So, as we get that flashy vehicle lined up on the starting grid, we imagine hearing quite a barrage of protests from its die-hard subscribers along gasoline alley, who, over and over, dare anyone to see their cult gem as anything else than the best damn delivery of the heart of motor sport, mercifully free of story line and anything else that might make them think—with none, therefore, of that wretched European mumbo-jumbo. In regard to Le Mans’ unsuspected mode of athleticism, it comes as a bit of a surprise that there is a nominal director of the final cut, not McQueen’s long-time crony, John Sturgis, but one Lee Katzin, and therein we come upon the extra ingredient this strange filmic invention needed to make it airborne. Katzin was enlisted after Sturgis, beholding the feisty but, until now pragmatic megalomaniac to be scarily intense this time out, put an end to their lucrative association. By all accounts the newcomer was more or less someone for the King to give commands to. But by then, McQueen had hit a speed bump leading to his being, however slightly, amenable to some kind of earthly narrative to complement the primeval discoveries of the phenomena of uniquely fast cars hurtling together along a variegated track. While Sturgis was still a part of the scene, he oversaw a large ream of pre-race, location filming which was irrevocably flawed; and there were other indicators that the six million dollar production budget was headed for a white-knuckle cost overrun. The financing wheels of this wild roll, Cinema Center Films (a subsidiary of CBS), consequently speeded over to that zone of unnerving largesse and saw to it that McQueen—no longer appearing to be a ticket to the gravy train—would be put on a short leash and induced to confine his artistry to the usual side of the camera.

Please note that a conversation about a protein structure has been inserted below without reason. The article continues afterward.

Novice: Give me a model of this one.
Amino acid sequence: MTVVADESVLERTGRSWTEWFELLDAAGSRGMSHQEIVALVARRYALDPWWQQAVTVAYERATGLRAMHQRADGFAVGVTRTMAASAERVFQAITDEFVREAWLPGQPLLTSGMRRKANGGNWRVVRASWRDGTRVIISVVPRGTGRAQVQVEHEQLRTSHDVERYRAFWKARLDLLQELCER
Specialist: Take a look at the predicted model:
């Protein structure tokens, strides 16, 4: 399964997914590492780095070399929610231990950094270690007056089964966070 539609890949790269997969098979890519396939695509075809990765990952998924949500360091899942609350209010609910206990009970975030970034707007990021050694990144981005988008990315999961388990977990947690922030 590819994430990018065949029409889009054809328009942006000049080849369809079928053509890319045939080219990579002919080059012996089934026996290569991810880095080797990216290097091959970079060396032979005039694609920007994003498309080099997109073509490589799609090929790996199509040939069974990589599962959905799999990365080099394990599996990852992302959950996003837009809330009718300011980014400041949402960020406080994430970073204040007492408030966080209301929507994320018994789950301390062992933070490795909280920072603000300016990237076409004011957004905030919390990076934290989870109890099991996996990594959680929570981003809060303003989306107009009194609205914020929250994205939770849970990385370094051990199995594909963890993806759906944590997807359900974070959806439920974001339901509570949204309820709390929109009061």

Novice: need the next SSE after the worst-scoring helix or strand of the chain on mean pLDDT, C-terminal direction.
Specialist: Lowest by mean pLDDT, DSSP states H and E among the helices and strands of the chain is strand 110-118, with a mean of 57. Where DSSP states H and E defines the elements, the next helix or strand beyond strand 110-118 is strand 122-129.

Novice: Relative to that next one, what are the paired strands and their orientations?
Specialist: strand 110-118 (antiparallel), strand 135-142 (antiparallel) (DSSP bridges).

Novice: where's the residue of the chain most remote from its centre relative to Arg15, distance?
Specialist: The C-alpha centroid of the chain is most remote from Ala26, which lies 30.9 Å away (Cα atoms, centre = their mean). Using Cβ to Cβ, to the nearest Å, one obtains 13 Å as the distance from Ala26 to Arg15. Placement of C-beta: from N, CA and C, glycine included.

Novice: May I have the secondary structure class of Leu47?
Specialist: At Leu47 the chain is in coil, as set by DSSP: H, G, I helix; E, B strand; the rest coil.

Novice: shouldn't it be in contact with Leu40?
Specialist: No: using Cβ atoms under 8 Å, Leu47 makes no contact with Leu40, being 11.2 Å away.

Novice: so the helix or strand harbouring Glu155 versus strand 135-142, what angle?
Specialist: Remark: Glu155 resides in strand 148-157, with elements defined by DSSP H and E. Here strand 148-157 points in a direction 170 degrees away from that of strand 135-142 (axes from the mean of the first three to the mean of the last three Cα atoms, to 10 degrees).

It is, though, the other side of the camera we have to pay some attention to at this stage, because this vehicle has been discreetly outfitted (by somebody) with an unsuspected range of motion, which seals the deal. There was Katzin, and nominal screenwriter, Harry Kleiner—neither being, for all their Ivy League background, a force for the ages. What they did have, however, was an association with Robert Aldrich and a predisposition to attend to dramas where there is someone who must (like Kiss Me Deadly’s Mike Hammer) stand alone, for want of useful encouragement in the workplace and at home. The scenario McQueen had favored, for all its paucity of this-planet enthusiasms, did relate to the loneliness of a top-flight Grand-Prix celebrity, constantly exposed to nature-inflecting, life-changing motions. So between them, this unholy trinity did something that, if ever known, would break many hearts in the driving fraternity and render Le Mans even less marketable than generally understood. A storm-tossed voyage, no doubt; but notably having had its moment of brief, powerful (though unnoticed) buoyancy.